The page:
Managing Director & Senior Partner
In response to recent events, the corporate world faces a reckoning. The global outcry over the murders of George Floyd, Breonna Taylor and other Black Americans has pushed business leaders to do more to acknowledge and confront systemic racism and bias against all under-represented groups in their organizations. This same reckoning is taking place in Canada, as we face these same systemic biases. The COVID-19 pandemic and its economic fallout, which have disproportionately harmed women and racialized minorities, only add to the pressure to make meaningful changes. Without targeted actions focused on workplace diversity, equity and inclusion (DEI), the pandemic will result in a profound step backward in representation and equity for minority groups in corporate Canada.
Strong policies and programs that support DEI across the career lifecycle, from recruitment to retention and advancement, are critical to dismantling these systemic challenges. But, BCG’s research shows that in addition to these structural programs, a culture of allyship is required to foster inclusion. A study of over 5,000 Canadians finds that women, the LGBTQ2+ community, and Black, Indigenous, and People of Colour (BIPOC) employees who have allies at work are 1.6 times less likely to perceive obstacles in their day-to-day environment and twice as likely to say their workplace is bias-free (see Exhibit 1). However, less than 50% of under-represented groups in Canada say they have allies at work.
All employees need to play an active role to change this and foster an ally culture. Here’s how.
An ally is someone who actively questions, rejects, and combats exclusionary ideology and works against oppression. Allies support and advocate for populations and communities of which they are not a part, using their power and privilege to uplift others.
To approach allyship purposefully in the workplace, employees and leaders should consider the following questions.
Under-represented groups often face overt and subtle biases and obstacles. They may be left out of meetings, not considered for stretch assignments or talked over in discussions. Allies look out for these barriers and intervene in positive ways. They advocate for greater inclusion in teams, discussions and projects, and look for opportunities to sponsor and mentor under-represented individuals.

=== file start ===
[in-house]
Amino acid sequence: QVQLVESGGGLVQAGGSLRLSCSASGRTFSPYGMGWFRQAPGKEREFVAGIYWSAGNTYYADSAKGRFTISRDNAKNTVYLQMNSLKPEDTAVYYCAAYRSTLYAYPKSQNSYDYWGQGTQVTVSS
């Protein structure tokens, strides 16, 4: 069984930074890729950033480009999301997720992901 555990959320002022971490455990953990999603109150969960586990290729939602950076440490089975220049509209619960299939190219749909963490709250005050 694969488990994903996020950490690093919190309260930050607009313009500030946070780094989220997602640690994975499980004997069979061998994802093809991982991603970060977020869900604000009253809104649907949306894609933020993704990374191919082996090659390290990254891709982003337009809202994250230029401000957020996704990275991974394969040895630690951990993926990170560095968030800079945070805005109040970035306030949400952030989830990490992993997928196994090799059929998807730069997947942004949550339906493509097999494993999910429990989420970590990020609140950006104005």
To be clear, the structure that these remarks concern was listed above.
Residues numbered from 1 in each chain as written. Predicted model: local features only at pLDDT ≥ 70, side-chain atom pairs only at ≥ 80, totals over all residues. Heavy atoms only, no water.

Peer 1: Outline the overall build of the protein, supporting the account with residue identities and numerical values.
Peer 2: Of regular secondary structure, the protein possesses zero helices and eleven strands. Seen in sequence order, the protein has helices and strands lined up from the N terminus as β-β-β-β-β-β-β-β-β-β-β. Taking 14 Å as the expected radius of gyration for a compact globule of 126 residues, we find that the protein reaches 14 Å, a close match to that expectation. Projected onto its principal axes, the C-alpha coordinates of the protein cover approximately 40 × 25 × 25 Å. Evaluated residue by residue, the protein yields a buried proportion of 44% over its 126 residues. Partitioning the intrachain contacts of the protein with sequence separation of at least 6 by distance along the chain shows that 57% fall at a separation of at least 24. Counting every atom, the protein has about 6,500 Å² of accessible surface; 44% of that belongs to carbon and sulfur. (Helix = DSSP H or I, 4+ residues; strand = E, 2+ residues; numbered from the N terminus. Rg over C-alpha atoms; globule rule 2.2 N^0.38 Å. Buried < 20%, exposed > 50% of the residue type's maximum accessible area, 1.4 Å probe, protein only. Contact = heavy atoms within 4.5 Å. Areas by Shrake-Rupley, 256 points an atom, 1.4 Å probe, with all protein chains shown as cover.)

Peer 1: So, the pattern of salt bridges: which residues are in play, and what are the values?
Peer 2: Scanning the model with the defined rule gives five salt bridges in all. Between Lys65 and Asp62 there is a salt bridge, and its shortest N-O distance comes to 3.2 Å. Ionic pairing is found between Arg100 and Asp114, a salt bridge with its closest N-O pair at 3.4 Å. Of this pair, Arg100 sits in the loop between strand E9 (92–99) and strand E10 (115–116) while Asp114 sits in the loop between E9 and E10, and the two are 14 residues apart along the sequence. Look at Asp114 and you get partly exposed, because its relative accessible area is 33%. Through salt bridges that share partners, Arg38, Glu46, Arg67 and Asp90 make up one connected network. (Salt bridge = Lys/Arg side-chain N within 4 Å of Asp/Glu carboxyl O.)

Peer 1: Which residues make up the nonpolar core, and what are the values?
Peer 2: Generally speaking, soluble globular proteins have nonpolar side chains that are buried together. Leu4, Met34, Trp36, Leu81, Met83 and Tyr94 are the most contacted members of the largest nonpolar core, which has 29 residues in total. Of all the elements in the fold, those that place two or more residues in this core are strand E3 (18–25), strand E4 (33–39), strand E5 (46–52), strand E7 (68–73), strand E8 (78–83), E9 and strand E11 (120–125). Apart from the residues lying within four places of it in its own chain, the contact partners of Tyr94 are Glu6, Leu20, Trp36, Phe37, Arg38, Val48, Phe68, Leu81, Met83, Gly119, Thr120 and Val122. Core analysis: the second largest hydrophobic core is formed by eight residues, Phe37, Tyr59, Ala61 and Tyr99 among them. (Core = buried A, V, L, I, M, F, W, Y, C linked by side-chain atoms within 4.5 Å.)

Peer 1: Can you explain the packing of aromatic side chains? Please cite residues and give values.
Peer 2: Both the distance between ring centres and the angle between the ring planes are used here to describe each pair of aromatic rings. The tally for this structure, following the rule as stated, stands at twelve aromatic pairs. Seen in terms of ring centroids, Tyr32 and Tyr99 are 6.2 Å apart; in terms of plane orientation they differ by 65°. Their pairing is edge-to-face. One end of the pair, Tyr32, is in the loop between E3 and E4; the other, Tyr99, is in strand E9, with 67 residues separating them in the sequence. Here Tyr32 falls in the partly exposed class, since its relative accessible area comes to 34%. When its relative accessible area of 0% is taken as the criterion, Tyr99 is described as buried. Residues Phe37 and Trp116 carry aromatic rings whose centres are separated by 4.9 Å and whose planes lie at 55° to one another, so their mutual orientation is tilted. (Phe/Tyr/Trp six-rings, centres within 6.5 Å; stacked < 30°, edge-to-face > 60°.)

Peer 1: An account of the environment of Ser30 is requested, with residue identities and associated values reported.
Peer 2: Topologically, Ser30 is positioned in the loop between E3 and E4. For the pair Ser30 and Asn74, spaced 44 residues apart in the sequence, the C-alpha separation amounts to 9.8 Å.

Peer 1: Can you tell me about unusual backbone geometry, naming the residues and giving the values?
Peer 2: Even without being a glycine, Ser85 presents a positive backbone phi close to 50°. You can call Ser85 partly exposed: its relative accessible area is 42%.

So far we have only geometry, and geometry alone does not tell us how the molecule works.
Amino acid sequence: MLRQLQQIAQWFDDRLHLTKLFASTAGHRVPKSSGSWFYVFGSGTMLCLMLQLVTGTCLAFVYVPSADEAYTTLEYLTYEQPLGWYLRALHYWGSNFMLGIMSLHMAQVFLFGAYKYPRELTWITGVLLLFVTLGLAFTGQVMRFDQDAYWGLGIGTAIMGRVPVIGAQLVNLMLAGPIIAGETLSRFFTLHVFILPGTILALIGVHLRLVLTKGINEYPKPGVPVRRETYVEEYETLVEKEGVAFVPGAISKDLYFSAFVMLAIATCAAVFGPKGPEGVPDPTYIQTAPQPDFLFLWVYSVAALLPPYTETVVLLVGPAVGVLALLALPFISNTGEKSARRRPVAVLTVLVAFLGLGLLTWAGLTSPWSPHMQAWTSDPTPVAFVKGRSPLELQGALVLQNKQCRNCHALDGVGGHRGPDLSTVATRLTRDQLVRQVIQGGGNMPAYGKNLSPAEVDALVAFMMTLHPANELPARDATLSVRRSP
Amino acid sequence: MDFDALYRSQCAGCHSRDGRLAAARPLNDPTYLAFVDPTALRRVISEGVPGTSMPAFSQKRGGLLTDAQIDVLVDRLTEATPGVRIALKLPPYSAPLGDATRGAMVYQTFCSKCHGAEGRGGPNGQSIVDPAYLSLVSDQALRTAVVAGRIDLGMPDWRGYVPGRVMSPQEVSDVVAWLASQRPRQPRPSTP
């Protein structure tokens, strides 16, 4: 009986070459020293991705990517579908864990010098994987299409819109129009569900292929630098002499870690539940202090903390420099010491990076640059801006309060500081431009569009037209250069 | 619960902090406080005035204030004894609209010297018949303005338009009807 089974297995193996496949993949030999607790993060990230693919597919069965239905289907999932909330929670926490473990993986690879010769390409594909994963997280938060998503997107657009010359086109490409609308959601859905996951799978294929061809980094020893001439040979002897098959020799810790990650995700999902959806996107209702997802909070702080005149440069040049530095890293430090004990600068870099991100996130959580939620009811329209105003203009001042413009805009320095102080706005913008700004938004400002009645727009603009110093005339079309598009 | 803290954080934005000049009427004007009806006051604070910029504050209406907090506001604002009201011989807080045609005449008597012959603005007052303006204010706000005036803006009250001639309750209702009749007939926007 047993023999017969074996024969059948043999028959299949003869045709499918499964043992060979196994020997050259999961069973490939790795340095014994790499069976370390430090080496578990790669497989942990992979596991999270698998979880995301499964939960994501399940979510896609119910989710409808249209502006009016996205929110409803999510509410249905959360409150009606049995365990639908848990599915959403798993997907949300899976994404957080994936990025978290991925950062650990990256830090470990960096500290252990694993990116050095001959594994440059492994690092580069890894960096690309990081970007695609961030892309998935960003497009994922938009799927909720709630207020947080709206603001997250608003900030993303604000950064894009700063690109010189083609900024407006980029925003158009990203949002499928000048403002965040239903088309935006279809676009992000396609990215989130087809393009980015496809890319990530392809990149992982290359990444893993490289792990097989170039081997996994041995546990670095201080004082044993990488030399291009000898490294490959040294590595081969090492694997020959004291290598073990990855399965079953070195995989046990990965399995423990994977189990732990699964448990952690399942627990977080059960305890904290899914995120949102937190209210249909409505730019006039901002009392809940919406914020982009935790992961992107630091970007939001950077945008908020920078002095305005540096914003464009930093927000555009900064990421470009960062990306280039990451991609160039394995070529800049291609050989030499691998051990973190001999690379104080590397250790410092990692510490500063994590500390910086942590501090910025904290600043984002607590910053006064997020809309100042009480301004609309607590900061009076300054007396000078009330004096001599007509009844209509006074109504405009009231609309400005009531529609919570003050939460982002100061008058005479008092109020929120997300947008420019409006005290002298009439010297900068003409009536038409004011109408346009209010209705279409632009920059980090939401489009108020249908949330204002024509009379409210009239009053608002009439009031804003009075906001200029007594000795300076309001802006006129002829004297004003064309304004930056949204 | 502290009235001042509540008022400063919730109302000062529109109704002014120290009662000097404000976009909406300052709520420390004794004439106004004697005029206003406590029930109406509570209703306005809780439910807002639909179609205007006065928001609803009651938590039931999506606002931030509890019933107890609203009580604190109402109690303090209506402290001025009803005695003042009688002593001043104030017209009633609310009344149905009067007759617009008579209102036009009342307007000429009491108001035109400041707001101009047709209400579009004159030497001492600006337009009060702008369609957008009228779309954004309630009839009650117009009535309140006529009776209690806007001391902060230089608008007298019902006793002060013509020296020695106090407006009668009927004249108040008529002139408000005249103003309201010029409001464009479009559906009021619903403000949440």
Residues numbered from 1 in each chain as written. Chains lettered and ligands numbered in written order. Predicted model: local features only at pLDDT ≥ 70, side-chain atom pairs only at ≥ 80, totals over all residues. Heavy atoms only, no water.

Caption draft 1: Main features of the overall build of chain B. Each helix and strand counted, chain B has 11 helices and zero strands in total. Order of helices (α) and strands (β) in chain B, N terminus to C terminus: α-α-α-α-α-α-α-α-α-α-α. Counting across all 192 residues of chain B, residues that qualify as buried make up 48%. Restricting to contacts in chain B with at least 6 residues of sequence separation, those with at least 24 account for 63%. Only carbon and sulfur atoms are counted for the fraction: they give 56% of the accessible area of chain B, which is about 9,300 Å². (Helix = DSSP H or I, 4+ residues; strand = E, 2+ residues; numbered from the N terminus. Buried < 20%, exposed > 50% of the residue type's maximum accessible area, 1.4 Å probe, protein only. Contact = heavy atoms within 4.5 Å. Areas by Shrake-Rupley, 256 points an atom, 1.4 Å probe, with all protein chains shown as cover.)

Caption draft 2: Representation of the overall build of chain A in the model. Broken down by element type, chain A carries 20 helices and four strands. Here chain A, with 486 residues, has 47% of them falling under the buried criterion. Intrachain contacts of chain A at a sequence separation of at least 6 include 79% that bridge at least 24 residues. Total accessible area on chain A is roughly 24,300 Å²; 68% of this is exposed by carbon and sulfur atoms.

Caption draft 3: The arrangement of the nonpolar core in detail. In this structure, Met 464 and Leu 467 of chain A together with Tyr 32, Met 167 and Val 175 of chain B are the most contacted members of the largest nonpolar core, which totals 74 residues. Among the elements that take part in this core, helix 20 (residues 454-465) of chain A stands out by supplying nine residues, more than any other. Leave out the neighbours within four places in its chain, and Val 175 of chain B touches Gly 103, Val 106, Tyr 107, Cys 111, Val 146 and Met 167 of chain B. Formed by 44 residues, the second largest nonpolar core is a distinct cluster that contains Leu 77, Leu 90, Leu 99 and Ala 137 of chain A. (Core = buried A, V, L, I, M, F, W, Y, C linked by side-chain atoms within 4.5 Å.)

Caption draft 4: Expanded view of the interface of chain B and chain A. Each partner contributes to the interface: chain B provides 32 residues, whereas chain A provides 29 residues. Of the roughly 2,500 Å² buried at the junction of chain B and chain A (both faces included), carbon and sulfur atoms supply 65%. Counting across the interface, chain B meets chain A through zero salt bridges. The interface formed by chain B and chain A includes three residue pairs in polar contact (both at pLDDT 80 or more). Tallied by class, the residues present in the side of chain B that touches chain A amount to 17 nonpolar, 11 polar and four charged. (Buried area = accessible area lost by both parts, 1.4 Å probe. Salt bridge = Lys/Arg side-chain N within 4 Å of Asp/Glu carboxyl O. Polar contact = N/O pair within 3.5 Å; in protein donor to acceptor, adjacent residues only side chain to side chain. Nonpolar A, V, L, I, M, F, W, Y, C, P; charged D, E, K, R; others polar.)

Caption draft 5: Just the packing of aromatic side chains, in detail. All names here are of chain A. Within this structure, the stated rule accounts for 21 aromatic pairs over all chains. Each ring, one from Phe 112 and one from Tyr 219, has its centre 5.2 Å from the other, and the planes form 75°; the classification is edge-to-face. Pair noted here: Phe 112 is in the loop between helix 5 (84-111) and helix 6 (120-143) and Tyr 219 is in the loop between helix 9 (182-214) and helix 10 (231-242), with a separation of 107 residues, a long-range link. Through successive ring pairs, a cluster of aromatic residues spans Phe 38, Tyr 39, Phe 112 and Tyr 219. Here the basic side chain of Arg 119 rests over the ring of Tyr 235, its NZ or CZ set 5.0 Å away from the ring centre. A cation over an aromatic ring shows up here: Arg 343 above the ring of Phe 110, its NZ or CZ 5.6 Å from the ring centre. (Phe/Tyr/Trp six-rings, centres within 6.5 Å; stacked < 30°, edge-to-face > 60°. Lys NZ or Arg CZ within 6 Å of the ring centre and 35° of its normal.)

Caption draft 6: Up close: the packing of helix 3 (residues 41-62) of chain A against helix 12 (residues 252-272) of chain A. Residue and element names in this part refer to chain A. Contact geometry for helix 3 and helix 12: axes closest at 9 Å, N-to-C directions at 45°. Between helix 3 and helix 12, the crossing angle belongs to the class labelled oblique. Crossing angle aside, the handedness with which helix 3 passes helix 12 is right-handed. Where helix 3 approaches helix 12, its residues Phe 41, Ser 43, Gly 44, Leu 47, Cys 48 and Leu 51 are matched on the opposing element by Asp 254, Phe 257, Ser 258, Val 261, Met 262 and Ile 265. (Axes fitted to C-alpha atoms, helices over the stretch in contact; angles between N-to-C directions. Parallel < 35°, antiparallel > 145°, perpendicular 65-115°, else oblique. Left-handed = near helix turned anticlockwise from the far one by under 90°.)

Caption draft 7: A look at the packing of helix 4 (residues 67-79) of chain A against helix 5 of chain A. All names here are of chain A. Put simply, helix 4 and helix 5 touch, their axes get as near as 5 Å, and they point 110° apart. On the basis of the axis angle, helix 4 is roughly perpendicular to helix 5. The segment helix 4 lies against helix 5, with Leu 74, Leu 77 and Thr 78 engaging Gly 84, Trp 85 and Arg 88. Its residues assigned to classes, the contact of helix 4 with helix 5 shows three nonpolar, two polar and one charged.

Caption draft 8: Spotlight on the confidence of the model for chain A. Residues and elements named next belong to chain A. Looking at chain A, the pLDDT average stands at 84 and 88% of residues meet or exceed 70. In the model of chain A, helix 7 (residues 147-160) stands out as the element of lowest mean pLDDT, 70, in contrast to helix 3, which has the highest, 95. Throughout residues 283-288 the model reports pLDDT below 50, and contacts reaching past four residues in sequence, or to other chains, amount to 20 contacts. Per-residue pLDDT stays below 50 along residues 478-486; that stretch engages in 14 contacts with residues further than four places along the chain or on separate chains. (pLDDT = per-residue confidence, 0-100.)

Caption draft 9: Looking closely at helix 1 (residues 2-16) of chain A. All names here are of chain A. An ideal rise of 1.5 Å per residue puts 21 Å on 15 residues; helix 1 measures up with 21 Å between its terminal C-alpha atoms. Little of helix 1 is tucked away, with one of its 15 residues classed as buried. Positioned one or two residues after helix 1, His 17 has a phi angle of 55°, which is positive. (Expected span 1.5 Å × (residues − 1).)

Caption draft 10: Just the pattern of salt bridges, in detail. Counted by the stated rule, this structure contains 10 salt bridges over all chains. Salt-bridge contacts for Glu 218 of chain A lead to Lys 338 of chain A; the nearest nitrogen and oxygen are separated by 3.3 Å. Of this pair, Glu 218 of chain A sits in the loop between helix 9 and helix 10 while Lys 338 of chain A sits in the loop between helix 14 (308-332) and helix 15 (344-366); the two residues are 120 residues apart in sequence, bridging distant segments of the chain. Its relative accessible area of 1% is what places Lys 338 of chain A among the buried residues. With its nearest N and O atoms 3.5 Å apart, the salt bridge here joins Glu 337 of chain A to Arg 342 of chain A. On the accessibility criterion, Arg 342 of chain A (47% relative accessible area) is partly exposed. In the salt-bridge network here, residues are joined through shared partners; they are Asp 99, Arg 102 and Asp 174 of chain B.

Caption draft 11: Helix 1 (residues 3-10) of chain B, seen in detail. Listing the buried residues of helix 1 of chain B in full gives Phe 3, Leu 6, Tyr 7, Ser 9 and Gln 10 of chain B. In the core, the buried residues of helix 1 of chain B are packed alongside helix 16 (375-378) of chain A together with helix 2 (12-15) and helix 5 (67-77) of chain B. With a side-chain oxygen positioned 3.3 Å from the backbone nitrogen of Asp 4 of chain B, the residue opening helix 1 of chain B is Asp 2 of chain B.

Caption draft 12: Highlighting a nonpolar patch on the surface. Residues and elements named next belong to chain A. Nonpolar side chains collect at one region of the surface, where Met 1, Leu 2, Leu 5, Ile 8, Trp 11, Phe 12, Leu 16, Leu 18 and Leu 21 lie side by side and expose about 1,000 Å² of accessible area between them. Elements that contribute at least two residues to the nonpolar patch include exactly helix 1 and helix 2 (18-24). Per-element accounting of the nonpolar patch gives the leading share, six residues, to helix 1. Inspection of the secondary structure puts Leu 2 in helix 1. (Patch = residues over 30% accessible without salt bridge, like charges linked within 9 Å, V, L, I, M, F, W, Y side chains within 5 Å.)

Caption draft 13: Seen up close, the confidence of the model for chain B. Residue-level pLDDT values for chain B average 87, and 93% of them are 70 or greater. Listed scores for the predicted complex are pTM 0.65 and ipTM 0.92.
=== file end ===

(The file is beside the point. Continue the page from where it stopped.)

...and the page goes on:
It’s not up to under-represented groups, who are already navigating the structural biases within their organizations, to educate colleagues on the DEI challenges they face. Everyone must take on that responsibility themselves by participating in or organizing trainings and programming, reading on a breadth of issues and engaging colleagues in dialogue. Colleagues should also hold each other accountable in a constructive way, recognizing that everyone is on a learning curve.
By demonstrating allyship publicly, individuals set an example, educate others and contribute to an ally culture where these inclusive behaviours become the norm. For example, research shows that public actions are particularly valued by LGBTQ2+ colleagues because they signal a commitment to inclusivity. Examples of these actions include participating in events in honour of different groups, using inclusive language and calling out non-inclusive behaviour whether that is overt prejudice or subtle microaggressions.
Being an ally also requires that individuals consider who is missing from their workforce and take steps to create broader inclusivity. For example, displaying pronouns to show inclusiveness to potential transgender or gender non-conforming (GNC) colleagues and making your workplace accessible (physical, cognitive disabilities, etc.) helps foster inclusive behaviours amongst your workforce for these groups, even if representation of these groups is low or unknown.
Company leaders, due to their influence and visibility, are uniquely positioned to role model behaviours, enable an inclusive environment and make space for dialogue and programming. Line managers also play a critical role in ensuring that the day-to-day experience for their team members is free of bias and that systemic challenges are called out and addressed.
At BCG, we’ve been on our own journey to foster a culture of inclusivity and allyship. For many years we have had leadership and efforts in place to understand barriers and address inequities. But recently we’ve amplified those efforts by focusing on enabling all colleagues to become allies. Initially, we focused on supporting female and LGBTQ2+ colleagues, efforts that sparked a grassroots movement by employees. In 2018 and 2020, we formally launched ally networks in support of Women@BCG and Pride@BCG. Our ally networks partnered with our women and LGBTQ2+ communities to help organize and generate excitement for important programs like recognizing International Women’s Day, and National Coming Out Day. We have since launched Inclusion Accelerators, local volunteer groups of employees that organize cultural and awareness-focused initiatives. This year, we launched a Racial Justice Allies network, and a Racial Equity engagement series across North America so employees could learn about the experiences of Black and Latinx colleagues at BCG and beyond. What we’ve learned is that the more we show commitment to allyship culture from the top, the more employees step up.
Allyship is a journey. It takes humility, continual learning and the courage to proactively create a better workplace for all colleagues. Growth doesn’t happen overnight. It comes from a daily commitment to habituate new inclusive behaviours and actions. Along the way, we will all make mistakes. We need to embrace the discomfort of feeling unsure and use that discomfort to dig in deeper and help others improve along the way. In doing so, we foster an ally culture of collective learning and accountability.
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